Should you skip a mortgage payment to get a bank's attention?

By Xin Lu on 24 April 2009 (Updated 29 April 2009) 30 comments

The Obama administration announced a foreclosure prevention and mortgage reduction  program about two months ago, and as of April less than 1000 loans have been refinanced under the program.  One of the reasons that this program is getting a slow start may be  that banks are hesistant to work with struggling homeowners who are still making their payments. A recent Los Angeles Times article profiled a family who tried to negotiate with their servicer to no avail, and once they missed a payment the servicer opened negotiations. So if you were a struggling home owner should you skip a mortgage payment just to get a bank attention?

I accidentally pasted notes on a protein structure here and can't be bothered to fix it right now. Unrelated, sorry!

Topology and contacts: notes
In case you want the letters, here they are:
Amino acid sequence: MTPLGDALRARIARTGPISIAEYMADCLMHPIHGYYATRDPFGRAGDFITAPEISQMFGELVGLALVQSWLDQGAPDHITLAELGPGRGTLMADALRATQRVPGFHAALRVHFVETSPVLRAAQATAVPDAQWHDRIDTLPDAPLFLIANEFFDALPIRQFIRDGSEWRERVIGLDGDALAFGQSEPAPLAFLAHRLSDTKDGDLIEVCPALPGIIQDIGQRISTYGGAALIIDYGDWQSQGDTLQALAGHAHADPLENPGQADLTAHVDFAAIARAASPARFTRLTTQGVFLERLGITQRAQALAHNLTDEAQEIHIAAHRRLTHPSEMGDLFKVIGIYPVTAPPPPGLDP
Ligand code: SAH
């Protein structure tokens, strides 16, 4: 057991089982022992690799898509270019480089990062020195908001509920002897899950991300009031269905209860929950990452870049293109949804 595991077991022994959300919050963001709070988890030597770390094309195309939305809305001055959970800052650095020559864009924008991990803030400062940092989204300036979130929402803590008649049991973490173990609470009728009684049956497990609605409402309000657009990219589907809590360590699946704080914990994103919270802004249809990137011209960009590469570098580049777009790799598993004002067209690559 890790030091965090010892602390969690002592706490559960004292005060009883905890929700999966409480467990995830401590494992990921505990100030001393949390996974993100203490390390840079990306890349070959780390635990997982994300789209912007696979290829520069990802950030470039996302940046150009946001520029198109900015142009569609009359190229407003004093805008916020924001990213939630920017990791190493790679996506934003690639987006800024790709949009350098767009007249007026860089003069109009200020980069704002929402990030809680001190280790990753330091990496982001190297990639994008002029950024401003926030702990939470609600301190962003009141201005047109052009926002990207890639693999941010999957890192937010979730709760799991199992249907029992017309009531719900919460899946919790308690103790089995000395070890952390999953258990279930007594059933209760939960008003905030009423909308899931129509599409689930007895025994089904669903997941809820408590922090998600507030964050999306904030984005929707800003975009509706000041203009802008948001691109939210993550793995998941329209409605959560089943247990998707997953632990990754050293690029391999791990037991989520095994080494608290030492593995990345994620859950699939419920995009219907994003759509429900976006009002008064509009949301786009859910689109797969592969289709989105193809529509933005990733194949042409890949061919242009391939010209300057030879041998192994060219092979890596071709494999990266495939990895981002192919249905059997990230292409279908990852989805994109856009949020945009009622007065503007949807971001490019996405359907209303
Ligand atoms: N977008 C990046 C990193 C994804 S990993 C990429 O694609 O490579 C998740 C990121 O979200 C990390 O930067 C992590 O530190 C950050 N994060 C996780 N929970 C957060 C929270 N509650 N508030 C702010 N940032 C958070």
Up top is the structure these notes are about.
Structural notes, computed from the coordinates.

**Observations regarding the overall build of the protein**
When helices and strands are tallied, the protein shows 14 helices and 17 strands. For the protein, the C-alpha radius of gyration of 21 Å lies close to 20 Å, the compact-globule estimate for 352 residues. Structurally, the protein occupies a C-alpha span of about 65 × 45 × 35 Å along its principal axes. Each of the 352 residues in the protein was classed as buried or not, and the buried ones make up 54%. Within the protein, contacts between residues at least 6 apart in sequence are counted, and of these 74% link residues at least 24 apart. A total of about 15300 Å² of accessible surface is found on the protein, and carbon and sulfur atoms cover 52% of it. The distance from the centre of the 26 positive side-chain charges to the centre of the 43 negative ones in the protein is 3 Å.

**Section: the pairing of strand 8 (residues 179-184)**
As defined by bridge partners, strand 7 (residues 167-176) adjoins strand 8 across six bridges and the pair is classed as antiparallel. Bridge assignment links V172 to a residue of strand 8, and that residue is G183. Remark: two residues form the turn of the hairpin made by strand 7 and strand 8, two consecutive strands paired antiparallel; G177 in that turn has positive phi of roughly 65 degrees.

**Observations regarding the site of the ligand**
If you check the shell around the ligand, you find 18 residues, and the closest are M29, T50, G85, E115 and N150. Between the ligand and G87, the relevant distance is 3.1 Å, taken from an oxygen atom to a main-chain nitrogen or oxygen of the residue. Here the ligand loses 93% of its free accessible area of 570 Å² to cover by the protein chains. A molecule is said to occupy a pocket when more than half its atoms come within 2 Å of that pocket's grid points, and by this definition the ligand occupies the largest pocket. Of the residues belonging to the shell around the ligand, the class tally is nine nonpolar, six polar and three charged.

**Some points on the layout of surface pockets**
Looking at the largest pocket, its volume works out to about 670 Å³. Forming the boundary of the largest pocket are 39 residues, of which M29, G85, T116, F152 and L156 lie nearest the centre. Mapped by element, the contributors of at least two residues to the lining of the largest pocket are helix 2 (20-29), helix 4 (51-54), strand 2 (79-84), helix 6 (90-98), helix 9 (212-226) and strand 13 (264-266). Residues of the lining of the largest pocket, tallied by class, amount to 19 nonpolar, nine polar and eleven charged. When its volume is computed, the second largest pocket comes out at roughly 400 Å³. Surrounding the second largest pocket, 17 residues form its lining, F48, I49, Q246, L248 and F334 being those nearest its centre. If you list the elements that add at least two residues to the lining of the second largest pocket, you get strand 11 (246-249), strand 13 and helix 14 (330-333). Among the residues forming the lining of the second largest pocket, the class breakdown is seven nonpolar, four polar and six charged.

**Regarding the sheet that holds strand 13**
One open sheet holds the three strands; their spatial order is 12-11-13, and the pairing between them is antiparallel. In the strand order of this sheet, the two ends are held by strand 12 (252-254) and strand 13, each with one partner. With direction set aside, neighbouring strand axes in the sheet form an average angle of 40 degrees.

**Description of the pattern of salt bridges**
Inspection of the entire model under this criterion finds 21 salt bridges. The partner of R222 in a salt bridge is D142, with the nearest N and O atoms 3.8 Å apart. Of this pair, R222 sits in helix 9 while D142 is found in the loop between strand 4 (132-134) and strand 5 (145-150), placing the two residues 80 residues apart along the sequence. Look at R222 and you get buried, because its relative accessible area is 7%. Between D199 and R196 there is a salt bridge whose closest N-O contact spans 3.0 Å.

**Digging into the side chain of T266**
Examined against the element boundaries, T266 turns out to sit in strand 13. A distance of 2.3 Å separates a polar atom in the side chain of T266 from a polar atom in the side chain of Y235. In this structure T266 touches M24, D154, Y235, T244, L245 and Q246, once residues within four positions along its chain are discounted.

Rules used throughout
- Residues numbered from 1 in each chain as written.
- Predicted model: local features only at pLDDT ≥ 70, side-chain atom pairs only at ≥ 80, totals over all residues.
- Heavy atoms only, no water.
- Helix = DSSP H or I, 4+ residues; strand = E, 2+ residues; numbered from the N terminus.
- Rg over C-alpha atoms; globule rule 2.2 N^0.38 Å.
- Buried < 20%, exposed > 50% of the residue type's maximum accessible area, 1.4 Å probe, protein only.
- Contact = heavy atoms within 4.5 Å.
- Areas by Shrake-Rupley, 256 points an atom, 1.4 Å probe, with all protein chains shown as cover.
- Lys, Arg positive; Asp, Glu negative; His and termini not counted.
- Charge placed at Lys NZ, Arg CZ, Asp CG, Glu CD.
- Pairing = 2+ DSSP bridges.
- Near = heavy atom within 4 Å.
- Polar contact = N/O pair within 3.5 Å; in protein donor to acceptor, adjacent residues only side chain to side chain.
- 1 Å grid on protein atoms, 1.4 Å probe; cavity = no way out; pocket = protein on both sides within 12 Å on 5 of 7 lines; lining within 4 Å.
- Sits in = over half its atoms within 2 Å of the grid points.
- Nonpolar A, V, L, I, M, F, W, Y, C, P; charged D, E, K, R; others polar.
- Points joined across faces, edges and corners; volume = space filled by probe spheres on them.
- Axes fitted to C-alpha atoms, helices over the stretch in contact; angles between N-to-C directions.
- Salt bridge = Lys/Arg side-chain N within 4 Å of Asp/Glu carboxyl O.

Logically, it makes sense that a bank probably would not try to lower your financial burden if you are still making payments.  If you are still paying on time it means that you are able to afford the payments in the eyes of the bank or servicer.  At this point you can ask for a refinance, but if you have significantly negative equity in your home then a refinance may be difficult to achieve.

Usually banks have a loss mitigation department, and they do not  automatically spring into action until you are missing payments.  It is possible to contact the loss mitigation department directly before you miss a payment and explain your situation.  Generally you have to prove that you have a reasonable financial hardship and the loss mitigation department should present you with an array of options including  short sale or modification.  A foreclosure is very expensive for any lender so the loss mitigation department will try to help you keep your home and keep you as a paying customer.